**mpg**– Miles/Gallon(US).**cyl**– Number of cylinders.**disp**– Displacement (cu.in).**hp –**Gross HorsePower.**drat**– Rear axle Ratio.**wt**– Weight**qsec –**1/4 mile time**vs**– Engine shape, where**0 denotes V-shaped**and**1 denotes straight**.**am**– Transmission.**0**indicates automatic and**1**indicates manual.**gears**– Number of forward gears**carb**– Number of carburetors.

#### Loading the dataset

## Julia

`using RDatasets` `cars ` `=` `dataset(` `"datasets"` `, ` `"mtcars"` `)` `head(cars)` |

**Output:**

#### Using groupby() function

The groupby() function here groups the data based on the specified column. It is a function that is used to only split the dataframe. The dataset will be split into subsets if this function is used. It returns the grouped view of the subsets. The grouped dataframes can be accessed using the indices that start from **1**.

The syntax is:

groupby (d, :col_names, sort=false, skipmissing=false)

The parameters passed are :

**d**– The dataframe.**:col_names**– The columns based on which the dataset has to be split. The column name should have a preceding colon symbol.**sort**– By default the value isand decides whether the returned dataframe should be in sorted manner.**false****skipmissing**– Decides whether to skip the missing values in the dataset. Default value is**false**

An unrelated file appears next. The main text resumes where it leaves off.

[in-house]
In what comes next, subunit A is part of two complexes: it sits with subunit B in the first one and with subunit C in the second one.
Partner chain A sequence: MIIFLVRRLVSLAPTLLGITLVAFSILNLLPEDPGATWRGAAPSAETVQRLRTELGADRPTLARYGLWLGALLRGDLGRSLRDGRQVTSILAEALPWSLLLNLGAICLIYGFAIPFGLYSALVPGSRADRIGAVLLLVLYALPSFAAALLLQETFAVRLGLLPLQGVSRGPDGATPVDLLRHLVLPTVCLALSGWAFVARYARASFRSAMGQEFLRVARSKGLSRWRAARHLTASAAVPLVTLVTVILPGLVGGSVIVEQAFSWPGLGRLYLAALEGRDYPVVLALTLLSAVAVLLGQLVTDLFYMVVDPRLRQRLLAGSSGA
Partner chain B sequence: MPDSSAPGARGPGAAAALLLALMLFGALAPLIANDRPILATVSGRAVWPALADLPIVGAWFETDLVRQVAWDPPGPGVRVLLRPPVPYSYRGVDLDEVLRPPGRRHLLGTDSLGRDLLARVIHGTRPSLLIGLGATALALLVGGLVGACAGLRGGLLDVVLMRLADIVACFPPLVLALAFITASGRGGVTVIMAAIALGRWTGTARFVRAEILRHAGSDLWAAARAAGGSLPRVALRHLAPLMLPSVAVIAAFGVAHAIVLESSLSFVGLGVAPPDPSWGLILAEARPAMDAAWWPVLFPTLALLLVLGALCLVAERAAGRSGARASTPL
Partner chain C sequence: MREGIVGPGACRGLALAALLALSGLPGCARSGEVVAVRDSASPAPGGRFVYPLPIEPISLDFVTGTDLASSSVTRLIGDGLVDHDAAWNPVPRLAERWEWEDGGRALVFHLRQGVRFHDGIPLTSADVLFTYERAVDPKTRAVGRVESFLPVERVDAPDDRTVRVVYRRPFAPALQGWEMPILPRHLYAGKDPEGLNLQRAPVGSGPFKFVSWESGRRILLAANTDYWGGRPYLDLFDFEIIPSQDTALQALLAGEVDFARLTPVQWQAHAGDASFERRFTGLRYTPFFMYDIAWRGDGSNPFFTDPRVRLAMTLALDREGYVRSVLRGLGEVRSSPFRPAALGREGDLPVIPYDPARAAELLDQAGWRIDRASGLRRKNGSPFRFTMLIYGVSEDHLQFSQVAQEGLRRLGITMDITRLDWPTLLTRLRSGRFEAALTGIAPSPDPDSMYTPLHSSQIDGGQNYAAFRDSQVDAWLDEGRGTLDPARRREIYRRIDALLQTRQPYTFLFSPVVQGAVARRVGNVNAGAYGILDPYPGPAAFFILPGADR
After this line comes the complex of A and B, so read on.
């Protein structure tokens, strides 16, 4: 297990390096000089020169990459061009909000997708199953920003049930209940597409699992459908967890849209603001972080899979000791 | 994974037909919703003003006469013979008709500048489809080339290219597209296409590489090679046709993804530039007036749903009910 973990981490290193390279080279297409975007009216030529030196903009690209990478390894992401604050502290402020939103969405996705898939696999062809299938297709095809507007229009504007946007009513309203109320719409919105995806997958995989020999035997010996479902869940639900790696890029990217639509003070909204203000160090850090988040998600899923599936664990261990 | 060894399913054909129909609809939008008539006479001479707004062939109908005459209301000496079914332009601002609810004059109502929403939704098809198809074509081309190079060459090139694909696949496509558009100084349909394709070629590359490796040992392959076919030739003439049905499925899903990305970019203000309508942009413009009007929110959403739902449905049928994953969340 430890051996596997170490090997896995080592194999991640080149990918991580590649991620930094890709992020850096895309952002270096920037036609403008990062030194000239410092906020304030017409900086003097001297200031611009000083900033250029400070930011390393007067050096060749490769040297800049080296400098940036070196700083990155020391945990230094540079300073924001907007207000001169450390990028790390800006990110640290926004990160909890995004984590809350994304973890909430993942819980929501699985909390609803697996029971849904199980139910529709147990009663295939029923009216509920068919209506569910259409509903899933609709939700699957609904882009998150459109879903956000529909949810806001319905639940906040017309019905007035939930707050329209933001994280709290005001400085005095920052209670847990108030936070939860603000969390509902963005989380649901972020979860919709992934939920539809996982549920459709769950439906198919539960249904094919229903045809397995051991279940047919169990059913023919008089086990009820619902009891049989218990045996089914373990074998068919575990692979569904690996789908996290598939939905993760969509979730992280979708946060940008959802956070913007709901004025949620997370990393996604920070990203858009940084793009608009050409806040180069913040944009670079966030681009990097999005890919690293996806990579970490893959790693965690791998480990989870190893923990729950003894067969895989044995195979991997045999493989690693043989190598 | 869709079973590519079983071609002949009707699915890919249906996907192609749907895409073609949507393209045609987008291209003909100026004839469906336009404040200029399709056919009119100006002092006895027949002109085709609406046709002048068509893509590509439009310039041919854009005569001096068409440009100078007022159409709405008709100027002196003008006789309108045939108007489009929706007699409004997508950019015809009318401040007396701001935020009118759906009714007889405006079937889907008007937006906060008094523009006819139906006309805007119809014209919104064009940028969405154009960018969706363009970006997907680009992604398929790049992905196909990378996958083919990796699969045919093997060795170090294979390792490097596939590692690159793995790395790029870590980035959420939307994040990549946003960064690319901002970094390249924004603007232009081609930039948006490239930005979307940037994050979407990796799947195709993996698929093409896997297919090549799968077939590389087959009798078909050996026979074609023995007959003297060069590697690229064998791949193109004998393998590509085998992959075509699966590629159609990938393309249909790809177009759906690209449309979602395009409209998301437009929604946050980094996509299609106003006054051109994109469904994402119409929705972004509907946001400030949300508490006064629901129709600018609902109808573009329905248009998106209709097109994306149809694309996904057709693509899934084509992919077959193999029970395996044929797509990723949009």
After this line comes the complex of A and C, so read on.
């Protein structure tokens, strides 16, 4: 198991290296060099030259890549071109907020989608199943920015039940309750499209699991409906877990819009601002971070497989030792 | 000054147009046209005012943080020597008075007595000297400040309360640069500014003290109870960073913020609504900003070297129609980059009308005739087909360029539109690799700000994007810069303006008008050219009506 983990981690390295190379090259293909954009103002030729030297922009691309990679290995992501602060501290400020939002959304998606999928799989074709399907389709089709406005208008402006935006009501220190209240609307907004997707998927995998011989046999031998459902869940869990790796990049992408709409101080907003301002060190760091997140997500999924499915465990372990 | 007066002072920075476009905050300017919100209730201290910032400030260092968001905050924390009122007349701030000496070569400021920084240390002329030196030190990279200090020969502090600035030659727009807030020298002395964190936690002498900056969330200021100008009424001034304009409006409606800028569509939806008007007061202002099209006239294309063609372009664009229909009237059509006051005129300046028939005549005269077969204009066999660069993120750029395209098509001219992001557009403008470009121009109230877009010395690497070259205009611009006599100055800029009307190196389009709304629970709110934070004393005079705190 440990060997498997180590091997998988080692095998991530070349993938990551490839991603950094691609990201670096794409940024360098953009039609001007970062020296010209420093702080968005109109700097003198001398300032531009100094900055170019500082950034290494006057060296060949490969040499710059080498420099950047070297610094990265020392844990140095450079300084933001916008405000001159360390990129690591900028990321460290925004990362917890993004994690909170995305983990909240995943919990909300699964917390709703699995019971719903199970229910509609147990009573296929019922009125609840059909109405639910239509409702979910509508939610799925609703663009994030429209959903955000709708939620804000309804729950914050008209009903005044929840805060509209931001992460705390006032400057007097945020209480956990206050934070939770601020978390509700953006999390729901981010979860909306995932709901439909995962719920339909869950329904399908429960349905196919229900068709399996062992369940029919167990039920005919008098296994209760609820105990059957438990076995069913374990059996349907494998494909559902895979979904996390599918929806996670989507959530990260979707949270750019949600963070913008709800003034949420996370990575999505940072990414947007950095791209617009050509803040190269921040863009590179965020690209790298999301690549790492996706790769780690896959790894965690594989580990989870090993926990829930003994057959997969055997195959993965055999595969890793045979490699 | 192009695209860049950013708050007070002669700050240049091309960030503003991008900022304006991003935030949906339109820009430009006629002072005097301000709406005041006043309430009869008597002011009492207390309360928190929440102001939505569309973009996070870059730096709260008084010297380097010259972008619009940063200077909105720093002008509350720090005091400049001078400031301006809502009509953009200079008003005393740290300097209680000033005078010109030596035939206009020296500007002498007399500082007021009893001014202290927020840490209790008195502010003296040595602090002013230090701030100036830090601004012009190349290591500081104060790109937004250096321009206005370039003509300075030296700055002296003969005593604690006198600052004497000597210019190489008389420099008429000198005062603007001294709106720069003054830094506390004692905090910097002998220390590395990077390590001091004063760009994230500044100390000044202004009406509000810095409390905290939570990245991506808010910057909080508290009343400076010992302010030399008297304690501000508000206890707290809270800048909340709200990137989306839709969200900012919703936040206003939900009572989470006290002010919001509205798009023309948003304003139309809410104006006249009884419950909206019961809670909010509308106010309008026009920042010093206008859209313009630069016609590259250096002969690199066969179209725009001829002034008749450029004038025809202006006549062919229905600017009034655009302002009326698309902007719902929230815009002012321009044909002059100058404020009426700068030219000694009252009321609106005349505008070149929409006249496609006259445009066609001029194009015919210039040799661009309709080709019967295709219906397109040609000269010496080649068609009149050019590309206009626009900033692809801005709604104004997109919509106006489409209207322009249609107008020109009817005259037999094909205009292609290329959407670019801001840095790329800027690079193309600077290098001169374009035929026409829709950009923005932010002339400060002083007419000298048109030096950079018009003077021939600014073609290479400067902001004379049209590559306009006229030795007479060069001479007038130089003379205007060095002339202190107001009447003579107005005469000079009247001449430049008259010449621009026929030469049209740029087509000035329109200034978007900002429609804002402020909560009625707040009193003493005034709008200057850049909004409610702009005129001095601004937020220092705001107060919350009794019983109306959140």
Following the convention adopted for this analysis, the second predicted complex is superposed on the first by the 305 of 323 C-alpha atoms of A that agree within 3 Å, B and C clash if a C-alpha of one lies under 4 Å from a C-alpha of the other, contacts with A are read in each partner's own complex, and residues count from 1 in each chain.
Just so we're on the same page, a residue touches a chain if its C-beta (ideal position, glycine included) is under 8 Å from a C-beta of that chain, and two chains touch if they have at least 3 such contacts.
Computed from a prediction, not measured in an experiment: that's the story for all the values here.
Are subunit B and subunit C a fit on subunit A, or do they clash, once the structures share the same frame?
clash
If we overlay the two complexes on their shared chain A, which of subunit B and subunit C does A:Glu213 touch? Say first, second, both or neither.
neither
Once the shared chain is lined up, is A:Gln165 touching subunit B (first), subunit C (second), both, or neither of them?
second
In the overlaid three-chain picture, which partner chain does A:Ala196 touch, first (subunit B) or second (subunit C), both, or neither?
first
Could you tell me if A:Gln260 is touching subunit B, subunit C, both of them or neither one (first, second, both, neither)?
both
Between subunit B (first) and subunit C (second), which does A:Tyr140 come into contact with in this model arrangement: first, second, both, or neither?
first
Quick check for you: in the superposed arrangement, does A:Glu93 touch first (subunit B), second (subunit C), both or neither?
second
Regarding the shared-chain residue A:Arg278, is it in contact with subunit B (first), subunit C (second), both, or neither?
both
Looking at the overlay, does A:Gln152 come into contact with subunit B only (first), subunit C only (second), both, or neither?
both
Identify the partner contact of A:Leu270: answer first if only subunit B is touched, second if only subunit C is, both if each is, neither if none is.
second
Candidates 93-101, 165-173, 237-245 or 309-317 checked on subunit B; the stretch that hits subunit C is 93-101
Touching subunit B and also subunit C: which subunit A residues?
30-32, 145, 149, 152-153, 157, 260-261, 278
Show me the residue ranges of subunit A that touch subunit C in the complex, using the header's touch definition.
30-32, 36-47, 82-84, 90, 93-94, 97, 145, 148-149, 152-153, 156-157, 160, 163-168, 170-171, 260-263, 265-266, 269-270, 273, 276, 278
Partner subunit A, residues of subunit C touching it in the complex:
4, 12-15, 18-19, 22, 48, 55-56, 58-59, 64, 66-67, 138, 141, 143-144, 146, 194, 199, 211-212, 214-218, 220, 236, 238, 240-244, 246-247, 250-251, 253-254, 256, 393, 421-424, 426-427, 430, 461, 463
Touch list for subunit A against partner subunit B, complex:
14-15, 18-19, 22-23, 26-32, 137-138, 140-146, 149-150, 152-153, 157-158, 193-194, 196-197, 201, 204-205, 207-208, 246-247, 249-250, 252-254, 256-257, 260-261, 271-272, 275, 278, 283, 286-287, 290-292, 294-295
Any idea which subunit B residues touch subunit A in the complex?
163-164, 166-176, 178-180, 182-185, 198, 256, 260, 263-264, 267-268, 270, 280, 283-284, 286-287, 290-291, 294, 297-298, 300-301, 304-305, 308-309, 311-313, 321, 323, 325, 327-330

Look at the example for better understanding.

## Julia

`using RDatasets` ` ` `# loading the dataset` `cars ` `=` `dataset(` `"datasets"` `, ` `"mtcars"` `)` ` ` `# split based on engine type alone` `groupby(cars, :VS)` |

**Output:**

Now based on the engine type ( V-shaped or Straight) the data set is split into two. All the car models that has V-shaped engine (denoted as **‘0’**) will be the first group and the cars with straight engines will be the last group. If the resultant dataframes are assigned to a variable, that also becomes a dataframe and can be accessed using index numbers. The data set can be split based on more than one column. For splitting based on two or more keys, they must be enclosed with square brackets. Look at the code snippet below: